Hunter Valley Inns & Hotels

The Maitland Inn

West Maitland


The Maitland Inn was built by George Stone in 1830. He held the publican's license until the mid thirties. He was probably proprietor when the Governor visited Maitland in 1833.......

On Tuesday, the 16th, His Excellency (Sir Richard Bourke) arrived at the Green Hills, near Maitland, in the Sophia Jane Steamer, after, sunset, but before it was quite dark. On Sunday he was received by Mr. Close, and the Magistrates, and, by the principal inhabitants' of Maitland and its vicinity.

The Governor and his party proceeded in their carriages to Maitland, attended by the gentlemen just mentioned. On his entering Maitland, the inhabitants, almost to a man, were in waiting, and loudly cheered His Excellency as he passed them; he returned the compliment by bowing ; but the darkness took off some of the pleasantness of this hearty reception. By the time the Governor had reached the Government cottage, and before he could well seat himself in the parlour, he was attracted by the sudden lighting up of all the houses and cottages in the village; and as brilliancy in an illumination of this sort does not depend at all upon the length of a street, but upon the number of candles fixed in the windows, this public illumination at Maitland must, in justice, be pronounced brilliant in the highest degree.

The natives, both black and white, having never before witnessed anything of the sort, seemed amazed at this conversion of night into day, and transformation of a dull hamlet, into a temporary Ranelagh or Vauxhall. In short, the fact of its being the first time since the creation that such a spectacle was exhibited in this part of the colony, the reflections it gave rise to were singular. For when poor Darling, in his "one horse shay" visited Maitland, few seemed to know he was there, and still fewer seemed to care ! Guns, pistols, and crackers, were let off in all directions, so that gunpowder rose to a prodigious price before the night was over. Torches and flambeaux were also plentiful, to give vivacity the scene. In short, the people did not seem to know how to express their gratification too ingeniously, or at too much cost, considering their humble, means as inhabitants' of a country village.

The next morning, the magistrates and principal inhabitants waited upon His, Excellency with an address, which was most kindly received, and thanks returned in a suitable written reply. In the afternoon His Excellency rode out in his carriage, and inspected the bridge now erecting, and also examined the line of way by which it is proposed to cut a canal from the river, at the Green Hills, to Maitland. The plan seemed to give His Excellency great gratification.

At night, the Rose Inn, Muir's Inn, the Union Inn, and the Maitland Hotel, with other houses which had not had sufficient time to prepare the night before, were all brilliantly lit up. Mr. William Simpson's house and stores exhibited between three and four hundred candles, and attracted by its splendid blaze a great crowd. It was thought that at one time there were a thousand persons (adults and children) standing before Mr. S.'s premises, viewing the lights, and firing off guns, pistols, crackers, &c. . Sydney Gazette 27 April 1833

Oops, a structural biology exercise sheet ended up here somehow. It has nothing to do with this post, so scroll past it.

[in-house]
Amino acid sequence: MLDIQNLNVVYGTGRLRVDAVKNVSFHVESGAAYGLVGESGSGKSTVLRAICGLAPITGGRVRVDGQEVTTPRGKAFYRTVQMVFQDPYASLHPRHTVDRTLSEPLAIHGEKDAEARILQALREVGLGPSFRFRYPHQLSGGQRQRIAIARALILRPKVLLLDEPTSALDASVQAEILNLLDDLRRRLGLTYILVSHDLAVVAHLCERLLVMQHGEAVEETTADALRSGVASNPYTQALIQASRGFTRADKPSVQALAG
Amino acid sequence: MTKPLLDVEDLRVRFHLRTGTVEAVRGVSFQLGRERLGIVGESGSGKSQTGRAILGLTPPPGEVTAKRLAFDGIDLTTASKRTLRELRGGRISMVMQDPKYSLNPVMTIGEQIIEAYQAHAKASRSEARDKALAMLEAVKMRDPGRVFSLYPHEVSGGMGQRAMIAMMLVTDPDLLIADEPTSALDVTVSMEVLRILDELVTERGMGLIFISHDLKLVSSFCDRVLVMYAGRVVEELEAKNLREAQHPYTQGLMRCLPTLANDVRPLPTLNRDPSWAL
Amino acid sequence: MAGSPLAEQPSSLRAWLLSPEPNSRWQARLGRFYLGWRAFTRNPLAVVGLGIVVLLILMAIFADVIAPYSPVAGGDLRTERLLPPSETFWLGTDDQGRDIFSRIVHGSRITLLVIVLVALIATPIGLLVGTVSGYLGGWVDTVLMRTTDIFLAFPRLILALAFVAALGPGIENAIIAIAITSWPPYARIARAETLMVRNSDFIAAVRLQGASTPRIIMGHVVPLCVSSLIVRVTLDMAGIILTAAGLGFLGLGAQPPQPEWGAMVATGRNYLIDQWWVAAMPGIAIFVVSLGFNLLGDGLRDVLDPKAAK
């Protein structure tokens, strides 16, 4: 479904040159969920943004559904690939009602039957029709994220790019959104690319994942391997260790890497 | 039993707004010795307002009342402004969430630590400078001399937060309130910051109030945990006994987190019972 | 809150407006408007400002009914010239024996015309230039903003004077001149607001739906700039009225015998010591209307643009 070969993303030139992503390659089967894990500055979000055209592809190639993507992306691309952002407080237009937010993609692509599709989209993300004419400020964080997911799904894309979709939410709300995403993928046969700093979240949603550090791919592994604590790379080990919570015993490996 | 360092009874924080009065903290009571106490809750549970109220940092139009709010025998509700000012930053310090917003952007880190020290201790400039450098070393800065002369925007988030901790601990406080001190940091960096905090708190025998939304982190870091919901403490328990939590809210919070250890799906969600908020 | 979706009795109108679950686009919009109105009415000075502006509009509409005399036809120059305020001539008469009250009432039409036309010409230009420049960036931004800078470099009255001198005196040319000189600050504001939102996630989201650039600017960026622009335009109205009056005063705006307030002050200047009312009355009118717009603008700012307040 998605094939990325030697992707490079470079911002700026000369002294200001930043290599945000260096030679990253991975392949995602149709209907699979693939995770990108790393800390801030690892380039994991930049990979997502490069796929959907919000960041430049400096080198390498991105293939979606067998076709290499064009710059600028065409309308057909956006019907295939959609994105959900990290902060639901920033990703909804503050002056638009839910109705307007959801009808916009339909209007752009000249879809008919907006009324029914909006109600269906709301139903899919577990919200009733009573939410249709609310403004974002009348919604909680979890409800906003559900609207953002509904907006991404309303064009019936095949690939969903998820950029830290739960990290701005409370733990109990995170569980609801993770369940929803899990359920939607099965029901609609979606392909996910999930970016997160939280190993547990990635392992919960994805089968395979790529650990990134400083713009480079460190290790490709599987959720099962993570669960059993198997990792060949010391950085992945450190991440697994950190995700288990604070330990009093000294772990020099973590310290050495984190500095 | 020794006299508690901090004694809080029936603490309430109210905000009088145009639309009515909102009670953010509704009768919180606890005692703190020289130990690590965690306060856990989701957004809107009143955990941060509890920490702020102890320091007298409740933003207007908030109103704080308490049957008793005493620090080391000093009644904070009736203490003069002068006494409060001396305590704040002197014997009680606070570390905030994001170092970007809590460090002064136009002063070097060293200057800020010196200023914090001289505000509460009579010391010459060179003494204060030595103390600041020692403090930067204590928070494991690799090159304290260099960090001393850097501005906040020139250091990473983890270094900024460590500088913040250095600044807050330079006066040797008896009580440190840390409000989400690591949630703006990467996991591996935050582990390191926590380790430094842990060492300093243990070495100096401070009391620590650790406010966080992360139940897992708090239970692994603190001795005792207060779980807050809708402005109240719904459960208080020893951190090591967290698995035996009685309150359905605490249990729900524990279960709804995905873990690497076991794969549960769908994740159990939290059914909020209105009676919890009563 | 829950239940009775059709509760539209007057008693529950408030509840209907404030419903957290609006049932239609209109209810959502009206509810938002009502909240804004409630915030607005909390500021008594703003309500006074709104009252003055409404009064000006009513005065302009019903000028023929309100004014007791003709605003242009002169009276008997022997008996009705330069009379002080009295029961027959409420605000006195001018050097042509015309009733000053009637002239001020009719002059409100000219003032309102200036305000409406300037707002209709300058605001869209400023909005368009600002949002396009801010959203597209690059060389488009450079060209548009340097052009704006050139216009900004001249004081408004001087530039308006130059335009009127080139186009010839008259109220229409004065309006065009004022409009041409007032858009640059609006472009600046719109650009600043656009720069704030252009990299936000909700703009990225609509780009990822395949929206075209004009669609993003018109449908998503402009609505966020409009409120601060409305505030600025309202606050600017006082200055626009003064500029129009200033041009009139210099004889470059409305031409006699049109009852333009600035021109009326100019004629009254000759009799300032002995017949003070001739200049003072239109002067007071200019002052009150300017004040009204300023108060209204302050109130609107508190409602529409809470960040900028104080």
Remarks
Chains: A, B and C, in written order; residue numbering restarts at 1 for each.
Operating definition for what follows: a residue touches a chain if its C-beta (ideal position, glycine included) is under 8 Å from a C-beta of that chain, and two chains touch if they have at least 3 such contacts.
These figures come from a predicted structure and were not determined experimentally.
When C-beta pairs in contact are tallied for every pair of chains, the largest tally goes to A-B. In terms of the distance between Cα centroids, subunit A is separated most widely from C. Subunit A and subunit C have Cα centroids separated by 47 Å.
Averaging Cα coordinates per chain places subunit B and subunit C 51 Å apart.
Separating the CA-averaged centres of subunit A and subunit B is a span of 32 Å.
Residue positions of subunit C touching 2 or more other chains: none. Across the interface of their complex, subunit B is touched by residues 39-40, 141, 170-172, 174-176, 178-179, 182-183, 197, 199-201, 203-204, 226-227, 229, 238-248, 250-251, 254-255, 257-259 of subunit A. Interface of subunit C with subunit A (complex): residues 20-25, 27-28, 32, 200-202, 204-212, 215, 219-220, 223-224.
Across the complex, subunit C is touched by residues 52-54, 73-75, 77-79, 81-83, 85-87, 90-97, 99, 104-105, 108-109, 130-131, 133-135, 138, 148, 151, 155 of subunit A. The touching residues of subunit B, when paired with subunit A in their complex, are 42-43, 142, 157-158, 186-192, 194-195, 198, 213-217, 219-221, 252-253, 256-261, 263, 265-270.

William Eckford was granted the publican's license in 1837 after George Stone.

William Nicholson held the license in the years 1842 to 1847. He advertised that travellers could be comfortably and economically accommodated at his Maitland Inn where the best of wines and spirits were always kept on hand.

In 1847 the license for the Maitland Inn was transferred from William Nicholson to Thomas Boyd Rosseter. The license was for the house almost opposite which had been occupied by Mr. Ledsam and was to be known as the Maitland Hotel.

Thomas Boyd Rosseter had previously been refused a license for the Cricketer's Arms

In October 1849 the splendid four story House and Premises known as the Maitland Hotel in High Street, was advertised for sale. Also for sale at the same time was an adjoining 4 story house occupied at the time by John Turner, solicitor. The buildings were said to be eminently adapted for mercantile pursuits and in a high degree, ornamental to the town of West Maitland.

In 1850 the Maitland Inn, formerly occupied by William Nicholson was one of ten lots offered for sale. It contained 12 rooms on the ground floor, with suitable conveniences - as passage etc. very extensive yard and garden, with laundry, servants' house, coach house, and stabling for four horses, well of water etc. It had a frontage to the High Street of 81 feet 2 inches, including the gateway by a depth of about 228 feet, adjoining Captain Roxburgh's property.       



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